Facebook Shared Private Data to Advance Its Own Interests

According to its 2017 internal records, Facebook shared users’ personal data with the world’s biggest tech firms, allowing them to circumvent privacy rules. By doing so, Facebook boosted its advertising revenue, partner companies enhanced their products with more features, and Facebook users were able to connect across websites and devices. For example, Facebook allowed Microsoft’s Bing search engine to see names of all its 2.2 billion global users without consent, and let Netflix and Spotify read users’ private messages. Continue reading Facebook Shared Private Data to Advance Its Own Interests

Facebook Discloses Breach of User Photos to Third-Party Apps

Facebook said it discovered a bug that allowed unauthorized access to third-party apps of private photos, impacting about 6.8 million users. Facebook engineering director Tomer Bar said the company fixed the issue that allowed such apps “access to a broader set of photos than usual.” Starting with the Cambridge Analytica harvesting of user data, Facebook has had a string of problems related to data privacy, most recently with a serious hack in September that compromised the Facebook accounts of millions of users. Continue reading Facebook Discloses Breach of User Photos to Third-Party Apps

Google CEO Sundar Pichai Faces House Judiciary Committee

At a hearing at the House Judiciary Committee, Google chief executive Sundar Pichai faced tough questions about how his company handles data privacy and disinformation by foreign actors. Republicans on the Committee also grilled him about a perceived anti-conservative bias, which Pichai staunchly denied, saying Google uses a “robust methodology” on all topics “without regards to political ideology.” Unconvinced, these lawmakers pointed to videos and emails from Google executives expressing dislike of right-leaning ideas. Continue reading Google CEO Sundar Pichai Faces House Judiciary Committee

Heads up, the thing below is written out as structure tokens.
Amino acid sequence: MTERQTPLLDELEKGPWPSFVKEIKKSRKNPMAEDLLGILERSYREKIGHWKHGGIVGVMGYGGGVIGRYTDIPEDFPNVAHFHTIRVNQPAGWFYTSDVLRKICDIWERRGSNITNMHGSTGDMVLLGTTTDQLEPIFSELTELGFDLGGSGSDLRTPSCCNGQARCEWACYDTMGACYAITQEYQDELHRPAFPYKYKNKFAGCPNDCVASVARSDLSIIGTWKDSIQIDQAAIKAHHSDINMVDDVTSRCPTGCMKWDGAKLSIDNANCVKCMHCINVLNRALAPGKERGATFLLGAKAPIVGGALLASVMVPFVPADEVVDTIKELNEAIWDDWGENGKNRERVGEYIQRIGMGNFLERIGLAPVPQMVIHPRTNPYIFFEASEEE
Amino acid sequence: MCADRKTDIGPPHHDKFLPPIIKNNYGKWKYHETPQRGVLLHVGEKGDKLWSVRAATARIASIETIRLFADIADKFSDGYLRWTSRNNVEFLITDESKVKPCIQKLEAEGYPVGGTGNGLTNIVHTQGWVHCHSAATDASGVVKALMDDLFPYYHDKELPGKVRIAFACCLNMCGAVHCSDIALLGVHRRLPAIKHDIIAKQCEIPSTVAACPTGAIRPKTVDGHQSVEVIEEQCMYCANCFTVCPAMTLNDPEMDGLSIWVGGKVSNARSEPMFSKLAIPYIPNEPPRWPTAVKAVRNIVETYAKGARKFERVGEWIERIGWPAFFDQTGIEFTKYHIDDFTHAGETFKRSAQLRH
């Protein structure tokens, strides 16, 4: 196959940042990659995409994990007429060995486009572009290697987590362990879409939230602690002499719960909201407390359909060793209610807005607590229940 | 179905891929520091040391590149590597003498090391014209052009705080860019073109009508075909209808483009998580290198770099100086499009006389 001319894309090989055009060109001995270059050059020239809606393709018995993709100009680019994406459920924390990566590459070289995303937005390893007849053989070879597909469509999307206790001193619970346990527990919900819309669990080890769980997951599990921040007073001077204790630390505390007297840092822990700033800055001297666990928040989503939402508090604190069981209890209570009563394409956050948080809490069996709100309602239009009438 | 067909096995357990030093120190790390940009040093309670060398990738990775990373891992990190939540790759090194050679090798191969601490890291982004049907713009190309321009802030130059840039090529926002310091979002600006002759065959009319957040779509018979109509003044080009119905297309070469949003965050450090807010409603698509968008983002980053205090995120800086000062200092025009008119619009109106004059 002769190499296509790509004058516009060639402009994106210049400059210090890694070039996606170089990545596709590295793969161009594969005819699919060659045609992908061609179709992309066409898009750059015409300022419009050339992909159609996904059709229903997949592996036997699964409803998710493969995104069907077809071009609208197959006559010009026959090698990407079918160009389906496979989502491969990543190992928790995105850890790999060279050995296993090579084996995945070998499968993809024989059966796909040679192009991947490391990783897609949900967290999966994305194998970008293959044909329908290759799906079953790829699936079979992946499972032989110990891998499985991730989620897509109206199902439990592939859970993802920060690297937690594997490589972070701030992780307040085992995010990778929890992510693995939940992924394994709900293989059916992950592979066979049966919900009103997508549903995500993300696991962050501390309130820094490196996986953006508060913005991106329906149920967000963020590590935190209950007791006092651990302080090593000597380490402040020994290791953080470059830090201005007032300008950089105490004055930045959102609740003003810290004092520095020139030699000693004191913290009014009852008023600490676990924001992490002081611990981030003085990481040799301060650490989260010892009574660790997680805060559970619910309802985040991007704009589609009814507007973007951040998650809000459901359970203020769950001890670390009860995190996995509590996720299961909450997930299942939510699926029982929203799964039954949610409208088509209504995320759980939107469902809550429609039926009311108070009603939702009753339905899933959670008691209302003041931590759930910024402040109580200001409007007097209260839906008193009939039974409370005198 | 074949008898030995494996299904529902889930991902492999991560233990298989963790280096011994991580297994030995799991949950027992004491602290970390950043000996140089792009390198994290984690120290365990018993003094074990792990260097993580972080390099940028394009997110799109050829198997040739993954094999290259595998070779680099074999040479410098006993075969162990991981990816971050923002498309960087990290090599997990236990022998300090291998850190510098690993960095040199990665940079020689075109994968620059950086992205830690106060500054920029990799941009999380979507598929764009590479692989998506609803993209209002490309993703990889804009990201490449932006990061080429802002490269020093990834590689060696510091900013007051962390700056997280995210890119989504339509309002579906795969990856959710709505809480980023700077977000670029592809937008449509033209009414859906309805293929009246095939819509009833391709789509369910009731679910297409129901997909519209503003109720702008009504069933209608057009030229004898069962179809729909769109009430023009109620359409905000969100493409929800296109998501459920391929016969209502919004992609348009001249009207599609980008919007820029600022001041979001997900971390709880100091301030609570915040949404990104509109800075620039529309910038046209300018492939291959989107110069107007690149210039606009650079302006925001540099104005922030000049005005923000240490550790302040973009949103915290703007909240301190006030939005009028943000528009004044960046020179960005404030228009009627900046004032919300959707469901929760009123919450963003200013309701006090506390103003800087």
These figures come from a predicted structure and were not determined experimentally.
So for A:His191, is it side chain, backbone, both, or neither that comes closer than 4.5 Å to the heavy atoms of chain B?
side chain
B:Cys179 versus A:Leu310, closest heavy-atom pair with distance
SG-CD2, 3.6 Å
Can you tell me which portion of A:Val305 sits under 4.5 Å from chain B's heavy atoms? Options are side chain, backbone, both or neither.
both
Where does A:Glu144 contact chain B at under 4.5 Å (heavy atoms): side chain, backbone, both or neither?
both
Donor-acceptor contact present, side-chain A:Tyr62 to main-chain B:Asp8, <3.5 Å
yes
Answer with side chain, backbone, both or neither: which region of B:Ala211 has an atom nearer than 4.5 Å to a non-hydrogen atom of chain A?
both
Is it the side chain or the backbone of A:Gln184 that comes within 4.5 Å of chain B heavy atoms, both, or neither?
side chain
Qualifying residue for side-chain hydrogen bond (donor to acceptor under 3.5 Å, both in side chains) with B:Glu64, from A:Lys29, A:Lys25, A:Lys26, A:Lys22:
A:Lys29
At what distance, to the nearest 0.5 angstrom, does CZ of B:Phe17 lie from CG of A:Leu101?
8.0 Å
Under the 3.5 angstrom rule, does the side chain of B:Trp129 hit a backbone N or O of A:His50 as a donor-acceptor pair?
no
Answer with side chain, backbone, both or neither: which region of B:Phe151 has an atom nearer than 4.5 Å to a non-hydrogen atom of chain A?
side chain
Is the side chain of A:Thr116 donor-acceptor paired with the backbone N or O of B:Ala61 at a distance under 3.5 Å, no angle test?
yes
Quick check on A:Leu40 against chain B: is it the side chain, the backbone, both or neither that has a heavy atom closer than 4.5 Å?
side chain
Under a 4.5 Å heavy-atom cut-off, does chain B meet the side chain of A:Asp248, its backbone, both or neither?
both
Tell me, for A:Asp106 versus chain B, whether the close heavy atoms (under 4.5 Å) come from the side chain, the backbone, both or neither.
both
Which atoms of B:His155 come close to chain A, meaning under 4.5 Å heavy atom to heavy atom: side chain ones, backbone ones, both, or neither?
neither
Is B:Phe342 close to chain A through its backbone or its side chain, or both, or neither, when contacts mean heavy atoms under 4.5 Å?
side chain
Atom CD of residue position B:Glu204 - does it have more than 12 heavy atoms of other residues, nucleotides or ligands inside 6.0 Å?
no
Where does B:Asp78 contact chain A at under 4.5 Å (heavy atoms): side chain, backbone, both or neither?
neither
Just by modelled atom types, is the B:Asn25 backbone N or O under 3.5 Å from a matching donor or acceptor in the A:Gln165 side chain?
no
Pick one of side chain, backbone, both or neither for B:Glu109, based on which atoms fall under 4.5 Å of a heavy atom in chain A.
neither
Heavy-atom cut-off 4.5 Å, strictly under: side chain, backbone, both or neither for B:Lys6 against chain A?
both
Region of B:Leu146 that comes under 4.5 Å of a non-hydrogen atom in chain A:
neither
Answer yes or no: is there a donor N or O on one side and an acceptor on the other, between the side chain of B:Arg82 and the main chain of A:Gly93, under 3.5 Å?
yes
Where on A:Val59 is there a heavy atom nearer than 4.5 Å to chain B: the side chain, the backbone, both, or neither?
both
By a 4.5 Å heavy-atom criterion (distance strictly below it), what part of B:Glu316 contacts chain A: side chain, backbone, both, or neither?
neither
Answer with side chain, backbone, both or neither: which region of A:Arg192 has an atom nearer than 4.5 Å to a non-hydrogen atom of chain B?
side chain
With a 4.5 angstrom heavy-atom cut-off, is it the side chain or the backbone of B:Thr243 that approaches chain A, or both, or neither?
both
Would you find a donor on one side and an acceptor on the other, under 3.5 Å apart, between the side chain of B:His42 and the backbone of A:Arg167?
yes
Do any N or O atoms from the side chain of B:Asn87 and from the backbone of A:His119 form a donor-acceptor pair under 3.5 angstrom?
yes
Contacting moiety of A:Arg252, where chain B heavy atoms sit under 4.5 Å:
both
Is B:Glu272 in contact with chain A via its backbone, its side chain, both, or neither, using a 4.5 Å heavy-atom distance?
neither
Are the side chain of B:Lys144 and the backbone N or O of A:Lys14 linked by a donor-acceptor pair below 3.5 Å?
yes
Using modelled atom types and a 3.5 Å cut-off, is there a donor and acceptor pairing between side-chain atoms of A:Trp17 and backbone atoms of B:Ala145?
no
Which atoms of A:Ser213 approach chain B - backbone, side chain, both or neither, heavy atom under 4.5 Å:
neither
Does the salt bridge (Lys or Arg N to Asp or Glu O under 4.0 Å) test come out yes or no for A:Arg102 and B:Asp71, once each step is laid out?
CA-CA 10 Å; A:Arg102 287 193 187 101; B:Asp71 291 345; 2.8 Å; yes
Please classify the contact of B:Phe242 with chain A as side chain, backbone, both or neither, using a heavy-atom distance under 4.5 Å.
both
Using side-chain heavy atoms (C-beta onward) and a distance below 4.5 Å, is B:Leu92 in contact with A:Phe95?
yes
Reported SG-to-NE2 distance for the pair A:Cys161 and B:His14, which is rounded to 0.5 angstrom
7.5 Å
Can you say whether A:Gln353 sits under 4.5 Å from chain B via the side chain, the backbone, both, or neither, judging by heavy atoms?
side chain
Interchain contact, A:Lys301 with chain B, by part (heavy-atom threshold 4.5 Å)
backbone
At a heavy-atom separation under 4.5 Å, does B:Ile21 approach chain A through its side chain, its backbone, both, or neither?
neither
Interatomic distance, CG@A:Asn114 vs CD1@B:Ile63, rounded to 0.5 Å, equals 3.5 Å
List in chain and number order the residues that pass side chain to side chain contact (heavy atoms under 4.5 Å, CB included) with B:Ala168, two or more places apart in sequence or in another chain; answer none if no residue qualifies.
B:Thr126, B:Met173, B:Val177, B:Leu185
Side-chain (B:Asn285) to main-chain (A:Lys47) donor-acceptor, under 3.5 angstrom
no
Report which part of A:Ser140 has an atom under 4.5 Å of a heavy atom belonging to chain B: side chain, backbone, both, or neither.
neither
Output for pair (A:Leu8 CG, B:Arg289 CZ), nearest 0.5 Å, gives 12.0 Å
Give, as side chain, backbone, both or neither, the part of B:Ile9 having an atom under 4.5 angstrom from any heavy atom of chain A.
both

Internal Emails Reveal the Way Facebook Treated Companies

Based on 250 pages of internal Facebook emails and documents from 2012 to 2015 and released by a U.K. parliamentary committee, it’s been revealed that Facebook used its massive cache of data to favor some companies, such as Airbnb and Netflix with “special access,” and punish others by cutting them off. Further, chief executive Mark Zuckerberg and chief operating officer Sheryl Sandberg were closely involved in decisions to “increase sharing back into Facebook” and other moves to primarily benefit the company. Continue reading Internal Emails Reveal the Way Facebook Treated Companies

Facebook Fails to Police Device Makers’ Use of Personal Data

Last month, Facebook admitted that it failed to properly oversee the seven device manufacturers that the company allowed to access personal data of hundreds of million of people in order to build a so-called Facebook Experience. The Silicon Valley company detailed its errors, which was detected by its own government-approved privacy monitor in 2013, in a letter to Senator Ron Wyden (D-Oregon), a privacy advocate and frequent Facebook critic. Meanwhile, Facebook users whose data was compromised have not been alerted. Continue reading Facebook Fails to Police Device Makers’ Use of Personal Data

Tim Berners-Lee Publishes Magna Carta for a Better Internet